Serena Williams on-court interview
Serena Williams on-court interview after round 4 win
An astonishing 11 women commenced their AO2019 campaigns with the opportunity to seize the world No.1 ranking – but only one, Serena Williams, could achieve history with an all-time record-equalling 24 Grand Slam titles.
With a gruelling three-set victory over world No.1 Simona Halep on Monday, Serena sent a powerful reminder of her lofty position among the game’s greatest. Now comes the opportunity for Williams to add to it as she faces Karolina Pliskova in her 50th Grand Slam quarterfinal.
MORE: Day 10 schedule of play
It’s a record that began building 21 years ago, Serena playing her first Grand Slam event as a 16-year-old at AO1998. She lifted her first major trophy at the US Open, age 17, in 1999.
Some two decades and a further 22 Grand Slam titles later, epic numbers are not even what’s most remarkable about Williams’ time on tour. Rather, it’s the hunger to add more to her history as a 37-year-old mother that still defines her superstar status.
The seven-time Australian Open champion showcased her fierce will to win as she overcame Halep, the 107-minute victory a huge step forward in the comeback that began only 10 months ago. After taking the first set in 20 minutes and leading by a break in the second, Williams needed all her talent and willpower to stave off the spirited Halep.
“It's a part of this journey on my way back,” reasoned the American, who is playing only her eighth official tournament in her new role as a tennis-playing mother to daughter Olympia. “I felt like I did have an opportunity to win that in straight sets, but then I'm playing the No. 1 player in the world.
“So I'm still learning, which is, at my age and my point in my career, I think (is) admirable and exciting that I still have things I can learn from.”
It’s also daunting for the opponents challenging for the titles that Williams has long dominated.
Serena takes a 2-1 record into her quarterfinal against the seventh-seeded Pliskova, the most recent of those victories achieved at the same stage of the 2018 US Open.
“I didn't play well that match, so for sure would be good revenge to play her again. Different conditions here (and) I think I’m playing a little bit better than I was last year,” said Pliskova.
On a nine-match winning streak after starting her season by lifting the trophy in Brisbane, Pliskova will also channel the memories of victory over Williams in the semifinals of the 2016 US Open.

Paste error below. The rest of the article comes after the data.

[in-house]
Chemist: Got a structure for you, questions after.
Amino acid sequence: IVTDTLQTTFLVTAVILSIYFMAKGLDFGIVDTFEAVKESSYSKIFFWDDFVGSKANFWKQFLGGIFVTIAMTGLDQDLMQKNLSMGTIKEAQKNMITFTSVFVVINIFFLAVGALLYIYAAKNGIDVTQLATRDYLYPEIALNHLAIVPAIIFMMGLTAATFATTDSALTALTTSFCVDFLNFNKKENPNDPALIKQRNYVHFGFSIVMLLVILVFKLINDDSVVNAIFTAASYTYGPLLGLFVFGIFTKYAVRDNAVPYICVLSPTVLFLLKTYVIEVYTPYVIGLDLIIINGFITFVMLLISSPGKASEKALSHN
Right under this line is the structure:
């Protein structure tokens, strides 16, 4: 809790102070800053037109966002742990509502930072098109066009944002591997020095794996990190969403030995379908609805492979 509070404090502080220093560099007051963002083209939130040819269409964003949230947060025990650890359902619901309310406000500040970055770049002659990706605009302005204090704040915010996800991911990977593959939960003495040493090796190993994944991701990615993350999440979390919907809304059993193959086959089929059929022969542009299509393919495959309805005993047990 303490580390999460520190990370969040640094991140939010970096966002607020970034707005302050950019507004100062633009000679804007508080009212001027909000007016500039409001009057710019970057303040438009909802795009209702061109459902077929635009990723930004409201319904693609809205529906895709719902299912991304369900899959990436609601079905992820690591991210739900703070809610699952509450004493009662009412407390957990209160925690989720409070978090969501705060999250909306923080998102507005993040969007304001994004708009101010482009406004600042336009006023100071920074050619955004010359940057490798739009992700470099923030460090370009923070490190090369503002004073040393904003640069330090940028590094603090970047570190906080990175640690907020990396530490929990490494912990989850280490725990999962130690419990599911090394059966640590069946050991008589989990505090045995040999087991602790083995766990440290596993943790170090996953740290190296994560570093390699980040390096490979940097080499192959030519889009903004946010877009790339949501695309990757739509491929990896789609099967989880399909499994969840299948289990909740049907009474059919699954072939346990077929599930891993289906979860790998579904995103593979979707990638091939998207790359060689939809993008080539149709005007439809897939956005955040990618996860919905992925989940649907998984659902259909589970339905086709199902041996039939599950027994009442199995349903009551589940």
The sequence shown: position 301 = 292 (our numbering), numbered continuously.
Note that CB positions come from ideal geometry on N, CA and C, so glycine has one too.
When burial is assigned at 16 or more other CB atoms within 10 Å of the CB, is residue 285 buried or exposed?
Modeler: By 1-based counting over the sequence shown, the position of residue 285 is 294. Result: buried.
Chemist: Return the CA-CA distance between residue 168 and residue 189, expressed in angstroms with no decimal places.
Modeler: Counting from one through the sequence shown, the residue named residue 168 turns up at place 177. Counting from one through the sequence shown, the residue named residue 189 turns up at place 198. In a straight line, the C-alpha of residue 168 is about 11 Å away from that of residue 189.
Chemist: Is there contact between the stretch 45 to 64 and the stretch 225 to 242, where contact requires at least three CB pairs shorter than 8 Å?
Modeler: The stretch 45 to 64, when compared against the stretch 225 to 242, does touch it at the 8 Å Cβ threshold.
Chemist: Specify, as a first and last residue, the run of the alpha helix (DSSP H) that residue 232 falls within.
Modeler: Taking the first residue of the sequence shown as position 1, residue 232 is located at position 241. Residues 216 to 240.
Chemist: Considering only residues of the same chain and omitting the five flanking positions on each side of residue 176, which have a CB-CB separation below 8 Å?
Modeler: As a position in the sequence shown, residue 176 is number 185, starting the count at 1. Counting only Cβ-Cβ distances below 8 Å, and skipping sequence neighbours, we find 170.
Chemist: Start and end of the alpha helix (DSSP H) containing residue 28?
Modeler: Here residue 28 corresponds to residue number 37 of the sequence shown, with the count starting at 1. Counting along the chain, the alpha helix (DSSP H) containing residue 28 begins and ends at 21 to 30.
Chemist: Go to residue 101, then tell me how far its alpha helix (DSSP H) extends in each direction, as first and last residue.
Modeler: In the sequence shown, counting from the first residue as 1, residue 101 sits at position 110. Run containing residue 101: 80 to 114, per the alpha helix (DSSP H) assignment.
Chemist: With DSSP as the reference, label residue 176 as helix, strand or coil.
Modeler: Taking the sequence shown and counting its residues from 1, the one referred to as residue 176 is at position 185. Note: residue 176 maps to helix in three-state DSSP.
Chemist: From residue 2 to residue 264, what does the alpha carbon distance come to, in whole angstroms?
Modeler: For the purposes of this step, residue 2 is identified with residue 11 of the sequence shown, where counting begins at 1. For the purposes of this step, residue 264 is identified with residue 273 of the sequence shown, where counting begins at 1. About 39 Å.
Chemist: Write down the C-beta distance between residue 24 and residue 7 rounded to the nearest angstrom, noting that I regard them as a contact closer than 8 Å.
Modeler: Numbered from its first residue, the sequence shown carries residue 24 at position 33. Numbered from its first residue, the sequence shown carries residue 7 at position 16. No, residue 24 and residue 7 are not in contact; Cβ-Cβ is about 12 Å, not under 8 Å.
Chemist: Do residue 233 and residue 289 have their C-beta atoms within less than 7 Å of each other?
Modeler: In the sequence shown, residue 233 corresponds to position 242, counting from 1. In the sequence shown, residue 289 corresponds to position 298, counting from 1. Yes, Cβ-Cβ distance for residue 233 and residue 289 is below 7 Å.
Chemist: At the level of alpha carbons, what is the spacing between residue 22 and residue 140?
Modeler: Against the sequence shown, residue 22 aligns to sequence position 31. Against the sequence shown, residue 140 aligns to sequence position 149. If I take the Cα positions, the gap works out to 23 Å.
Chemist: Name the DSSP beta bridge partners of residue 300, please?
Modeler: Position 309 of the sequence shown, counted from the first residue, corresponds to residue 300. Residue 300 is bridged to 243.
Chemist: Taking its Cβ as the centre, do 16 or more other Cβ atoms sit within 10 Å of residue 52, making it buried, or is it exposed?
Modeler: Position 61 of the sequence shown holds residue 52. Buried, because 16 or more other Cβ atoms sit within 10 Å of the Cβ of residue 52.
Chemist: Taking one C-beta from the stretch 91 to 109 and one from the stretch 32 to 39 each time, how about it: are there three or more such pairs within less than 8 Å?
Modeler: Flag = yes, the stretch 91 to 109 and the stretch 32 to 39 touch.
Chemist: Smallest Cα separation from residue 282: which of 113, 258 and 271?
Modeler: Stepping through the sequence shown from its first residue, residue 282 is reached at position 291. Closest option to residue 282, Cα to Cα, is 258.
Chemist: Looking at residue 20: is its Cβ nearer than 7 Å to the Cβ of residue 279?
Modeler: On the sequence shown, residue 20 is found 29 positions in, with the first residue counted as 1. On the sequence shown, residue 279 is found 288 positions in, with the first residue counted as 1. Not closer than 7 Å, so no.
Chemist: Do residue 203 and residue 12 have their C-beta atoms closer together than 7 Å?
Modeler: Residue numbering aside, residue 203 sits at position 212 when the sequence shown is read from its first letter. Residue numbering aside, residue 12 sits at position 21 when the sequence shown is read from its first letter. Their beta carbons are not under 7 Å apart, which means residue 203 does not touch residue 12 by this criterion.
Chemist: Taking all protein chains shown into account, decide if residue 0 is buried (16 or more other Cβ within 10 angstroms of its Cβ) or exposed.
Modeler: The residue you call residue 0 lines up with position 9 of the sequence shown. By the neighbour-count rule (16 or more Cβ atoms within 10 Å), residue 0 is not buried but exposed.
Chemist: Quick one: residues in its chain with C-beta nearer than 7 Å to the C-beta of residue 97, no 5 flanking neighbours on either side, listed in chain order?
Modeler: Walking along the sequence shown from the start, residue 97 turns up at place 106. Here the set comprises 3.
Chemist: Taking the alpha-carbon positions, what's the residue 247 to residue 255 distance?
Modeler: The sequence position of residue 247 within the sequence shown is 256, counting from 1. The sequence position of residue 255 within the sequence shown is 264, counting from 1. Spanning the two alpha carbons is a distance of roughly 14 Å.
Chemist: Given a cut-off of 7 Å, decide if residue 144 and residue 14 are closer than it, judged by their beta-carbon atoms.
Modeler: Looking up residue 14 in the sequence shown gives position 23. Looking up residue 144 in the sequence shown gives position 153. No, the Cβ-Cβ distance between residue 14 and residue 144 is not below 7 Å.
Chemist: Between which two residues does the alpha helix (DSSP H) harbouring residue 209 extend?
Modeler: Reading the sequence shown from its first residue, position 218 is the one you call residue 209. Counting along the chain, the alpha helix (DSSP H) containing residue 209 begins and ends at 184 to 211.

“We have had good matches. She's beaten me on an occasion or two or three,” said Williams, noting the importance of returning well against the renowned big server.
Confidence comes from a stellar recent history – Serena’s last loss at this level of a Slam occurring to Sloane Stephens at AO2013 – and her constant focus on improvement.
“I can definitely go to a new level,” Williams warned. “I have to if I want to stay in the tournament.”
It’s a wise approach for the 37-year-old, who made two Grand Slam finals in the seven events she contested in 2018 but also experienced rare losses.
Runner-up to Angelique Kerber at Wimbledon, the prolific champion experienced the rise of the next generation in her loss to Naomi Osaka at the US Open.
A win over Pliskova could set up a re-match with Osaka, who faces Elina Svitolina in the other women’s quarterfinal. That’s an evenly matched contest if measured by their previous matches, Svitolina holding a 3-2 edge over the 21-year-old.
History also beckons in the men’s draw as Novak Djokovic’s quest to become the first man to lift seven Australian Open titles continues in the quarterfinals against Kei Nishikori. The signs are positive for the world No.1 Serb, who leads the head-to-head record 15-2.
A win for Djokovic would ensure a semifinal with either Milos Raonic or Lucas Pouille. Aiming to build on a 3-0 match-winning record in his quarterfinal, the Canadian will draw on the memories of a career-best performance as an AO2016 semifinalist.
For Serena Williams, there’s a vastly more accomplished Australian Open history, and the promise of an even more significant future. But as she targets that milestone 24th major, the American insists her focus is only on the present.
“I've been edging closer for probably like a decade now,” said Williams earlier this tournament. “I'm not even dealing with that right now.”
Yet more wisdom from one of the game’s greatest. There’ll be plenty of time for more considered contemplation should Serena take that place in history.